In 1905, the small town of Salton, along with nearby tribal lands, suffered an unfortunate fate: it was completely flooded. Swollen with heavy rainfall and snowmelt, the Colorado River surged into a dry lake bed along California’s San Andreas Fault, submerging Salton and the surrounding area. But this flood did more than cover up a small town — it covered up a key, seismically active stretch of the San Andreas Fault, hiding its volatility away from human eyes.
More than a century after these floods, Utah State University geologist Susanne Jänecke began hypothesizing about the location of this fault zone. Although it was obscured by water and sediment, Jänecke took on the painstaking task of documenting the area through a careful geological and geophysical analysis.
Her work, along with USU colleague Jim Evans, Patricia Persaud of Louisiana State University, Dan Markowski and Miles Kenney of California’s Kenney GeoScience, ultimately paid off.
They found that the faulted structure extends way beyond the currently known path of the San Andreas fault, and seems very volatile indeed — meaning it’s a very possible nucleus for a potential earthquake. Furthermore, because the area is so heavily folded and unstable, any earthquake in the area could trigger a cascade of dangerous aftershocks. Because the San Andreas area is already overdue for an earthquake, there’s a valid reason for concern.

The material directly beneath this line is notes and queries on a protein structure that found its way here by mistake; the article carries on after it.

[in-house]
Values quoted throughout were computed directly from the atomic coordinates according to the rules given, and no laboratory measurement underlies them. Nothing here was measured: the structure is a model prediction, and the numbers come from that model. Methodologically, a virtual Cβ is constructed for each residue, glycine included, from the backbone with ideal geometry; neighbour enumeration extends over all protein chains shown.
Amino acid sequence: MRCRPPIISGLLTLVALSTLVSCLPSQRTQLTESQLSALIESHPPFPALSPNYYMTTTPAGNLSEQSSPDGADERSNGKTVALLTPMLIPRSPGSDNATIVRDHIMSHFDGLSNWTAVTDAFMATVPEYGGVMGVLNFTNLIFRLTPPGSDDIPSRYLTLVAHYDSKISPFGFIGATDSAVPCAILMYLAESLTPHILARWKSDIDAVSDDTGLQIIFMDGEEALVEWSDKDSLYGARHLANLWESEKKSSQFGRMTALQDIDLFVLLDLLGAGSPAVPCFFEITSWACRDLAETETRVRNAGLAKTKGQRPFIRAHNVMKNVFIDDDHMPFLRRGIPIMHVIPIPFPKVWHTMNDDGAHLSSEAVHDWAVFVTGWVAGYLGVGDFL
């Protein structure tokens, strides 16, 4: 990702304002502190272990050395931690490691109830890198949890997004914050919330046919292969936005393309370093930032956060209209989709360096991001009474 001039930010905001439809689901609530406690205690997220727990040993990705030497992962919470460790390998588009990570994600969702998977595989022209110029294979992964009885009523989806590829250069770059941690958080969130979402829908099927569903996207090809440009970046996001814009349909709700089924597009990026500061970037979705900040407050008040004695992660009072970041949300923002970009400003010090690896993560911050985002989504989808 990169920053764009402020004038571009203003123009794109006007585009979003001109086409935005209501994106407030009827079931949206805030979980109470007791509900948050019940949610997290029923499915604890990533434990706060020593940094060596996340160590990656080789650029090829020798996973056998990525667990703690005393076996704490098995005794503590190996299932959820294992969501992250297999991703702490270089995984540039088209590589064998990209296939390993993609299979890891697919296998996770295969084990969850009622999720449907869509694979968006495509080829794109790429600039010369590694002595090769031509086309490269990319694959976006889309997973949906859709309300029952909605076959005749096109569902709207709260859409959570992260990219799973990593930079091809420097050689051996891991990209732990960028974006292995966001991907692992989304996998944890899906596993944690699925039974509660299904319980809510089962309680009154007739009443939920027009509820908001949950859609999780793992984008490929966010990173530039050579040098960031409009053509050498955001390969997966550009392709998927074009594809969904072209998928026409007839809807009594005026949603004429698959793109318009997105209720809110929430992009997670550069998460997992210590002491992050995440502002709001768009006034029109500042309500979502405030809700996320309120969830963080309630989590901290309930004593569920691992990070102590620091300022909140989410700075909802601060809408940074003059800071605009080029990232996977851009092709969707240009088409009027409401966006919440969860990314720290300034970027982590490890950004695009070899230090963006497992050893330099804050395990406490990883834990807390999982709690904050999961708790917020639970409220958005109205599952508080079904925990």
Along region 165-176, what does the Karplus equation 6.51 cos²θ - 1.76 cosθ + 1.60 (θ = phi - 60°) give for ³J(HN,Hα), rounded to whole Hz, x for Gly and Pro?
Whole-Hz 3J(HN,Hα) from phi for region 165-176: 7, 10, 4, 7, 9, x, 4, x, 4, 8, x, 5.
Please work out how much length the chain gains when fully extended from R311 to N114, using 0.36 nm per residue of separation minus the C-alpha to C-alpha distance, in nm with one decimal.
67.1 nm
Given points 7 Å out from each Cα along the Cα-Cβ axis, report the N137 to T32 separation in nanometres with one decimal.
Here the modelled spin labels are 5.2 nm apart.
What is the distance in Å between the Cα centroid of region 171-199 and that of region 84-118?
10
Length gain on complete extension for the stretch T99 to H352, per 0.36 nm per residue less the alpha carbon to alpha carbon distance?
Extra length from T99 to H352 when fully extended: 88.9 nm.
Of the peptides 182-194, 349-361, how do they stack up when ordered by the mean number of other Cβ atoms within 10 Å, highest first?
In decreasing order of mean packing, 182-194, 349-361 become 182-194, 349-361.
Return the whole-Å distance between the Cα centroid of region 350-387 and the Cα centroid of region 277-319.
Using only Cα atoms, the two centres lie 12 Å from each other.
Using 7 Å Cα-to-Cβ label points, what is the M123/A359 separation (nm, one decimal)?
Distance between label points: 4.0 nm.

“We now have critical evidence about the possible nucleation site of the next major earthquake on the San Andreas Fault,” says Jänecke, professor in USU’s Department of Geology. “That possible nucleation site was thought to be a small area near Bombay Beach, California, but our work suggests there may be an additional, longer ‘fuse’ south of the Durmid Ladder within the 37-mile-long Brawley Seismic zone.”
However, there’s also some good news: even though this earthquake could come in at any moment, the newly discovered area lies farther away from the most populated areas. Also, while the heavily folded structures could trigger a flurry of smaller earthquakes, it could also act like a buffer.
“Fortunately, the northern continuation of the newly identified East Shoreline strand of the San Andreas Fault is farther away from major population centers than we first thought,” Jänecke says. “The fault lies along the eastern edge of Coachella Valley. In addition, the broken rock throughout the ladder structure could damped ground-shaking associated with the next large earthquake.”
Seismologists have repeatedly warned that the San Andreas area may soon be hit by a massive earthquake in the near future.
Journal Reference: Susanne U. Jänecke, Daniel K. Markowski, James P. Evans, Patricia Persaud, Miles Kenney. Durmid ladder structure and its implications for the nucleation sites of the next M >7.5 earthquake on the San Andreas fault or Brawley seismic zone in southern California. Lithosphere, 2018; DOI: 10.1130/L629.1